Saturday, June 27, 2009

OT: Don't Die of Embarassment

Bad things happen in threes. Even in Hollywood.

Ed McMahon's passing wasn't a big shock to the general public. He was seriously getting on in years, and was in declining health for some time.

People saw Farrah Fawcett's passing coming from a ways' back too. More in a bit.

Michael Jackson's sudden demise shocked the world and eclipsed the previous two. Honestly, heart disease in a 50-year-old is really not a novelty. We'll find out if that was the case in about 6 weeks when the toxicology is run. 4 weeks will be one helluva hat trick, even if all of LA County's coroner staff are assigned to it. Those tests don't run themselves and they all take more time than what's shown on CSI.

Yesterday a local news station sponsored a fan party at The Underground, even got Harry the Hawk to show up and perform. It was a nice break from the speculation that EVERY news agency has been engaging in, in a effort to create news that isn't there yet. (It applies to all broadcast and cable news - even the AP Wire has sunk to the depths of TMZ's bottom-feeders. Sick.) I say, let the fans create their memorials, celebrate the man's life; let Jackson's family mourn (which is going to be drawn out with at least 2 autopsies and biochemical analyses), see to his final affairs, and put his body in the ground. Scraping the bottom of the barrel for interviews with people who have no clue what is going on in the investigagtion just to get something out there is crass.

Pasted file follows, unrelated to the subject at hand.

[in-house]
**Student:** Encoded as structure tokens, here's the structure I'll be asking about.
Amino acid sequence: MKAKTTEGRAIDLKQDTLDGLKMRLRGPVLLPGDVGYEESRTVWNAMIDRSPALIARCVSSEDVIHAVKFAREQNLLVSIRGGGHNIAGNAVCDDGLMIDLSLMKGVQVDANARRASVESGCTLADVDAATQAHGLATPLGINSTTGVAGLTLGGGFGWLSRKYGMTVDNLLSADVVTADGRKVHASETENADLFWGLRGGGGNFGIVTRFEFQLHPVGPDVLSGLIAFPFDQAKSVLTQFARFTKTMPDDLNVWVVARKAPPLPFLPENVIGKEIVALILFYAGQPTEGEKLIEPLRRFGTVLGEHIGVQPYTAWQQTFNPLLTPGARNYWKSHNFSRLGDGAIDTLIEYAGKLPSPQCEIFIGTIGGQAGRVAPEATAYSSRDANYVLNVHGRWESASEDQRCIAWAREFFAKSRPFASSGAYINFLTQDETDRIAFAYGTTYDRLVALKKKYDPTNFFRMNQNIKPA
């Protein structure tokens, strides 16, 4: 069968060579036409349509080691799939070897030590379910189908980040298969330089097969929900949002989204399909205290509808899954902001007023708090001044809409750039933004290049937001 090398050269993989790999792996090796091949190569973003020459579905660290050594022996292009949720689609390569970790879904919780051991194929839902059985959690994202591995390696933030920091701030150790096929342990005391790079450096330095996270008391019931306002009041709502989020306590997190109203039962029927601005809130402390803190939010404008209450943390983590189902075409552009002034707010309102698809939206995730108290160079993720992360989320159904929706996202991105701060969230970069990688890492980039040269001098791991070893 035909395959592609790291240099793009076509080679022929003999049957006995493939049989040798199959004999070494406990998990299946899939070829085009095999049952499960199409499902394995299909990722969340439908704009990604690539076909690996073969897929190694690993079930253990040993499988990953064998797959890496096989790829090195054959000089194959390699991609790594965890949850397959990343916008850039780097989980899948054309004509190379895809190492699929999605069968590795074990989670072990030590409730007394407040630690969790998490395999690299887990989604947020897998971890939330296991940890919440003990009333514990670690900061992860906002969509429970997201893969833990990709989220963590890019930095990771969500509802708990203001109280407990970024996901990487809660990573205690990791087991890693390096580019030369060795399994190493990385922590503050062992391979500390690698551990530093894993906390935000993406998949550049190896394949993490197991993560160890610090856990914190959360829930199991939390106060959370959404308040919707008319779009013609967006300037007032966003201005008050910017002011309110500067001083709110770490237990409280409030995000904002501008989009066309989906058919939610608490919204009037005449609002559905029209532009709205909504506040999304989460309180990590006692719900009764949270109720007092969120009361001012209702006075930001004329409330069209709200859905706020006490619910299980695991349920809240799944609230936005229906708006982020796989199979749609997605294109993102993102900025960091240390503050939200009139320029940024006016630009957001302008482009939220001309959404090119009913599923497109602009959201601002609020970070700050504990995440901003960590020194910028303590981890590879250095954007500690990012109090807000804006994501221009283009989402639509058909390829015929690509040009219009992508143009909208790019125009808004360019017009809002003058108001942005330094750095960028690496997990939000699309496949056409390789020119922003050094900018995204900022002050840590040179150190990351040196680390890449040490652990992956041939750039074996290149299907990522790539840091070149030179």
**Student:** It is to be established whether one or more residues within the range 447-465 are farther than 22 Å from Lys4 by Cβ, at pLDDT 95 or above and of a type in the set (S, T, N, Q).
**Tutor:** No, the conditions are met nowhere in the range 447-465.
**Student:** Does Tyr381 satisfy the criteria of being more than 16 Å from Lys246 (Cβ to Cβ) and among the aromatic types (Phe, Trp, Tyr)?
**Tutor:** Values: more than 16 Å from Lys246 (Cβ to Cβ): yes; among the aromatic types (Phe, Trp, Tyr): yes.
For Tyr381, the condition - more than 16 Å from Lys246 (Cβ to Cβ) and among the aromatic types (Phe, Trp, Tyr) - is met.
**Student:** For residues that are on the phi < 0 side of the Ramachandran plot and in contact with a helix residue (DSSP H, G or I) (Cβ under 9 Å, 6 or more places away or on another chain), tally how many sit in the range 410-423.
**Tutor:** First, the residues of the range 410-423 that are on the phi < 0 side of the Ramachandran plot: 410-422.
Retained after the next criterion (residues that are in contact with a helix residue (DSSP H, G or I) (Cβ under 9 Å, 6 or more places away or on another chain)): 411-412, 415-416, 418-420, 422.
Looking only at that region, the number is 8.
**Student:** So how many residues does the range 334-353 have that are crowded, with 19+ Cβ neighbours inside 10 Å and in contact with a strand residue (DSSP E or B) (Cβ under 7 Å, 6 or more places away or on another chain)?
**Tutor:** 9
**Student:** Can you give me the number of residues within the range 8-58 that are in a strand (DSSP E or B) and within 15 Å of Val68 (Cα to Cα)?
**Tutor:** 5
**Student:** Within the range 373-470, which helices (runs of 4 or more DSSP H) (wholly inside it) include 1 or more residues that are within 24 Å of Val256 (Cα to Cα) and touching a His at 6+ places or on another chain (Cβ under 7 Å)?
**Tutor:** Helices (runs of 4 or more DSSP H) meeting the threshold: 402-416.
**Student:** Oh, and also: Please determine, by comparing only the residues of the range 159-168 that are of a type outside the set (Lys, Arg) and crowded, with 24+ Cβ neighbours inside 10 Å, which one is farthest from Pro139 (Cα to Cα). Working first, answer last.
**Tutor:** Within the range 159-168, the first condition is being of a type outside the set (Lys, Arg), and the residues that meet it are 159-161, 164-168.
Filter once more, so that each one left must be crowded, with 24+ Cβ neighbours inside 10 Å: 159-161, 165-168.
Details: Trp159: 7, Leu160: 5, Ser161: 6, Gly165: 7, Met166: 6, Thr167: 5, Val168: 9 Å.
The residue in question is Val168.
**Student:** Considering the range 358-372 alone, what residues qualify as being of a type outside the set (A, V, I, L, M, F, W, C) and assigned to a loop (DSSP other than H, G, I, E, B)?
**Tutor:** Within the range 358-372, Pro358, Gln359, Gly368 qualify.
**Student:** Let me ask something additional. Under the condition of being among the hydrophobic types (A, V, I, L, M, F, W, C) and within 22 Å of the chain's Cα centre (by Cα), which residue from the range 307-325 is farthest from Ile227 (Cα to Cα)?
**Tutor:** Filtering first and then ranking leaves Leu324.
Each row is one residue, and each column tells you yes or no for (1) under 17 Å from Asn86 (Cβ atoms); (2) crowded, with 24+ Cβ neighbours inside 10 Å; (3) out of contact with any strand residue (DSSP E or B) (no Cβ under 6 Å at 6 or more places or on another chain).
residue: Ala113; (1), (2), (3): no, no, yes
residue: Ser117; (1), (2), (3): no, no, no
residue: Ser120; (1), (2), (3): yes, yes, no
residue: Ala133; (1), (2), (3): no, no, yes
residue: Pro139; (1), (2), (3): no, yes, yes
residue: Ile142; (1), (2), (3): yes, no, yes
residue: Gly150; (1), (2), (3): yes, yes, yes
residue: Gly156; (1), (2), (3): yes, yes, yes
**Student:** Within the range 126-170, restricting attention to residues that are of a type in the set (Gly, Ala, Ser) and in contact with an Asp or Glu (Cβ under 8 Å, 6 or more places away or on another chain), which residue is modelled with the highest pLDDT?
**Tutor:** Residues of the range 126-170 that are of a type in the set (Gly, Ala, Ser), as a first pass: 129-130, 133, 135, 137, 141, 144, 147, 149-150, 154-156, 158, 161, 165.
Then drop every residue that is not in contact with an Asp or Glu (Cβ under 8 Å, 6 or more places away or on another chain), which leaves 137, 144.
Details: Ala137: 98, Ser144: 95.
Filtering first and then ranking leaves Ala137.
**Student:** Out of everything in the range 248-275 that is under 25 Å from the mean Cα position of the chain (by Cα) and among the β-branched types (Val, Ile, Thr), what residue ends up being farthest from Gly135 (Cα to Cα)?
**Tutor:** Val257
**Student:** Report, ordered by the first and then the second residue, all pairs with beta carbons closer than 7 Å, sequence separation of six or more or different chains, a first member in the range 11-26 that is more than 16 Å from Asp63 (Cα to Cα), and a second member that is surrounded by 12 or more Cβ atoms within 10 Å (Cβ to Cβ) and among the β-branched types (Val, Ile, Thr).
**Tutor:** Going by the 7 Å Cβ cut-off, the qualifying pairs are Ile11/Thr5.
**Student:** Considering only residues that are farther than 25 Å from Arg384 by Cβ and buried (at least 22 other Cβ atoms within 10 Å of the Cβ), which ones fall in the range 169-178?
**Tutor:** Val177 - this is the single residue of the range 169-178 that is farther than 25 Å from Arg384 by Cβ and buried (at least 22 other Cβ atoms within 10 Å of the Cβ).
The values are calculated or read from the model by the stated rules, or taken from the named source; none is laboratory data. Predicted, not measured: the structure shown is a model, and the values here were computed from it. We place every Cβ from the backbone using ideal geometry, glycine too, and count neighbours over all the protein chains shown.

What I really sat down to write about was Farrah Fawcett. She opened up her life in her last weeks to show what her battle with anal cancer was like. Most patients find a way to communicate their feelings when approaching cancer; she had the means and the audience to reach out to a very broad group and perhaps raise some awareness in the public along the way.

A little over 10 years ago, Barbara Barrie conquered rectal cancer. (Which is in the same group as anal, colon, etc.) She became the spokeswoman for a colorectal cancer awareness movement titled after her book, Don't Die of Embarrassment.

Colorectal cancers can be highly curable if they're caught early. The problem is: who wants to be screened for this??? For most people, colorectal cancer screening is more awkward, invasive, and well - embarrassing than a woman's GYN exam or even a man's regular "turn your head and cough" prostate checkup. The doctors and other medical professionals aren't embarrassed, it's just a regular day of work - if you've seen one, you've seen them all. But change the roles around and even a colorectal specialist will blush when it's their turn for that checkup.

If the screening seems hard to some, how about talking about it? Certain bodily functions are either taboo for open discussion or are reduced to juvenille wisecracks.

Here's the bottom line and the point of Barrie's book: if you ignore colorectal screening, you risk dying. Of what? Cancer, for sure - but mainly of being embarrassed by the procedures. Overcoming that sense can make the difference between life and death; it did for her.

Comprehensive overview of colorectal symptoms, diagnosis, and screening

*Disclaimer: the above is information for those who happen across this blog and may find it useful. I have no idea what Ms Fawcett's medical history and care were like and it is not a judgment of her choices in said care.
There's a lot to catch up on! Yes, I saw about Barry's new letter and Vault song. I'll get to them as soon as I can. It seems the next "littlest Fanilow" may be coming a couple of weeks earlier than expected. (ow!)

1 comment:

  1. Great post YBA. I'm sure Farrah would have wanted everyone to know just that. She fought for her life as so many cancer patients do. Bringing this to the forefront will be part of her legacy.

    Take care of the newest LTF (we're waiting for the happy news!)